Boehner did not shut down the idea that talks will continue between himself and the president and demurred when asked if further conversations are scheduled, but he noted that ideas have been passed back and forth.
While Republicans summarily rejected Thursday’s offer by Geithner, at the campaign-style rally in Pennsylvania on Friday the president showed no signs of giving way.
“In Washington, nothing’s easy, so there is going to be some prolonged negotiations, and all of us are going to have to get out of our comfort zones to make that happen,” he said. “I’m willing to do that. I’m hopeful that enough members of Congress in both parties are willing to do that as well.”
Hoyer said Democrats’ negotiating strategy is based on scars from previous battles in which both parties negotiated over spending cuts only to see Republicans walk out on the talks when the discussion turned to increasing taxes.
“What the Republicans want is, they want give on their stuff first. There’s no give on taxes, revenues, none,” he said.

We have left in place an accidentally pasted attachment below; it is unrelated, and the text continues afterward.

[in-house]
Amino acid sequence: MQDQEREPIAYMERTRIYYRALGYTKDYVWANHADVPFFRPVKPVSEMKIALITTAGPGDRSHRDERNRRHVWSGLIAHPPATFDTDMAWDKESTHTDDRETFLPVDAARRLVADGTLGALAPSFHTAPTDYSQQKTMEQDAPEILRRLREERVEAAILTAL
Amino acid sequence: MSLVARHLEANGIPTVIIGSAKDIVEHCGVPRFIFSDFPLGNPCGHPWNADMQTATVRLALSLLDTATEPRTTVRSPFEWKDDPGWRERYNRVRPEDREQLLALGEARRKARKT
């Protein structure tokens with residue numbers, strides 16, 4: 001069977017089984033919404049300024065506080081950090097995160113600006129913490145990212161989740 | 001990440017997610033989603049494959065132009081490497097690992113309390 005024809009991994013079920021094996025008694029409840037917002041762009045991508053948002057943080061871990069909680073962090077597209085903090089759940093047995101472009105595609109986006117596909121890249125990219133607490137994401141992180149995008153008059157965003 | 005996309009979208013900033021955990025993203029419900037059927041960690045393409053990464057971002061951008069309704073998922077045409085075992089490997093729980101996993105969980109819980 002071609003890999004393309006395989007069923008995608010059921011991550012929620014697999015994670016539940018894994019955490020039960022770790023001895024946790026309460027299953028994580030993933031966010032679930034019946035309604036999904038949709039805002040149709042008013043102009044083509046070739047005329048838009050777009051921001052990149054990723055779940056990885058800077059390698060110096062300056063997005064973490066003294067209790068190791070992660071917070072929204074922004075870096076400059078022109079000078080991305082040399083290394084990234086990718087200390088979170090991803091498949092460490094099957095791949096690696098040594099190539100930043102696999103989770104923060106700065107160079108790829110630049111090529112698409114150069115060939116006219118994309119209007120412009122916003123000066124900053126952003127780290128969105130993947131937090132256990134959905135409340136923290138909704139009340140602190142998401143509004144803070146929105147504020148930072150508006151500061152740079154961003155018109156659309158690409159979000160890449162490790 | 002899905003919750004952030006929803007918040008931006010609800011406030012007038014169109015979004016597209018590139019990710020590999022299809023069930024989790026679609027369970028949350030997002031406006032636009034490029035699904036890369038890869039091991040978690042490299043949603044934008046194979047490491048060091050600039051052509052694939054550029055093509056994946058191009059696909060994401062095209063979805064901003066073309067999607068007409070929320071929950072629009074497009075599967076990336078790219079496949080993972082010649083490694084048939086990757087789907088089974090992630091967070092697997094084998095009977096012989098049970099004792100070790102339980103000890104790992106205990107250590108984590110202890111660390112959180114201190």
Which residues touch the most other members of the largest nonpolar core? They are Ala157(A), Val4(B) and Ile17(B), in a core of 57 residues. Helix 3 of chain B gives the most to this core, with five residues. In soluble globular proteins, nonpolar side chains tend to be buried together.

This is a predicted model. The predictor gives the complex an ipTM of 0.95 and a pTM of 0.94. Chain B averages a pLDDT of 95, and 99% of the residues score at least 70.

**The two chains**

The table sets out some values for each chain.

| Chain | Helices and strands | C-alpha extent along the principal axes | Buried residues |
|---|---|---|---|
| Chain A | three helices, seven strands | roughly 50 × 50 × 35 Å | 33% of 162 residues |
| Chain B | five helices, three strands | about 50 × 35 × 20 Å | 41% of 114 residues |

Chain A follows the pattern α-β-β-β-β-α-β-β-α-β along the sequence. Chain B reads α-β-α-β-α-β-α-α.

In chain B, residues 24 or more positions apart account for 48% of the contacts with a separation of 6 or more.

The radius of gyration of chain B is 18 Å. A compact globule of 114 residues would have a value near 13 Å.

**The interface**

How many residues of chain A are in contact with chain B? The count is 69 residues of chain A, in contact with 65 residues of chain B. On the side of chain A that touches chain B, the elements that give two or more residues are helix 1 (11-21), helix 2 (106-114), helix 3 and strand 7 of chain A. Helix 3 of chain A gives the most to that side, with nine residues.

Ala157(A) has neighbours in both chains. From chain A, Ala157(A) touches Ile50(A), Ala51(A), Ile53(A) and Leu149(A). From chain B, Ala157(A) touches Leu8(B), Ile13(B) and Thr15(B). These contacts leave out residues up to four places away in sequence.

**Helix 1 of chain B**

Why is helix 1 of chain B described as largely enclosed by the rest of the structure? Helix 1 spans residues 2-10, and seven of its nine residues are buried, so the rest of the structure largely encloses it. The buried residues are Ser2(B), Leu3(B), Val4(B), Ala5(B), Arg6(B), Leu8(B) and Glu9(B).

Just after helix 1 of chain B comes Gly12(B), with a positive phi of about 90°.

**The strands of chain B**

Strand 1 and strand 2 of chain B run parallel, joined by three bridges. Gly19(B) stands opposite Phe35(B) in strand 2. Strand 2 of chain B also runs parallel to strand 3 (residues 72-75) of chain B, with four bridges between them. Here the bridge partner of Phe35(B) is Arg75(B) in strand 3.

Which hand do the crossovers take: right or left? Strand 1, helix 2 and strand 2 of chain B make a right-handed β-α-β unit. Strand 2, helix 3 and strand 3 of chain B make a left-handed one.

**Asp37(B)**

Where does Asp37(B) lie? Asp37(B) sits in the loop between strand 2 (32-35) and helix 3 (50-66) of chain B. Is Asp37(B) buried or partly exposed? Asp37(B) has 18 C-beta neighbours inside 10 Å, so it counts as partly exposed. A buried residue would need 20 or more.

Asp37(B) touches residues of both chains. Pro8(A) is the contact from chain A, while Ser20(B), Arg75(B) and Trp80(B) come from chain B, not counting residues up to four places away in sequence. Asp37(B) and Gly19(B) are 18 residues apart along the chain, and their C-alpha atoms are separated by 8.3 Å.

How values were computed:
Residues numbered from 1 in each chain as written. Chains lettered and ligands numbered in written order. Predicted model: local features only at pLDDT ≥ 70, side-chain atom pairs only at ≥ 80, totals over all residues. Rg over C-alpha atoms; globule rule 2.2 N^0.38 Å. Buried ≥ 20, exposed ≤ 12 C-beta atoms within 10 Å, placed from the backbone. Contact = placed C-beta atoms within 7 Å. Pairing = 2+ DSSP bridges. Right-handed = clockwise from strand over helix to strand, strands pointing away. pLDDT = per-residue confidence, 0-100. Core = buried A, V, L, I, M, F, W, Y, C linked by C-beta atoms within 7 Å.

Hoyer described the GOP strategy as “’Lets bargain. How about cutting this?’ ‘OK.’ ‘How about cutting this?’ ‘OK.’ ‘How about cutting this?’ ‘OK.’ And then you say to me, ‘Well, now, how about we raise revenues here?’ ‘We’re not going to talk about that. We’re going to walk out of the room.’ That’s what [House Majority Leader Eric Cantor, R-Va.] did. That’s essentially what Boehner did.”
While Boehner has offered to increase revenues by cutting tax deductions and loopholes, Hoyer said such ideas wouldn’t bring in sufficient revenue to the scale of federal deficits. If such a plan could work, Hoyer said, Republicans should demonstrate a detailed version of one to prove it.
“The Republicans need to come back with something where the math works,” Hoyer said.
Hoyer also endorsed the president’s plan on legislatively ending the need to raise the debt ceiling. “It’s a phony vote. It’s a charade,” Hoyer said, adding that both parties had abused debt ceiling increases for partisan purposes.
Vice President Joe Biden waits to conduct a mock swearing-in ceremony with Sen. Brian Schatz, D-Hawaii, in the Capitol's Old Senate Chamber, December 2, 2014. Schatz was sworn in to serve the remainder of his term since he was appointed to the seat after Sen. Daniel Inouye, D-Hawaii, passed away.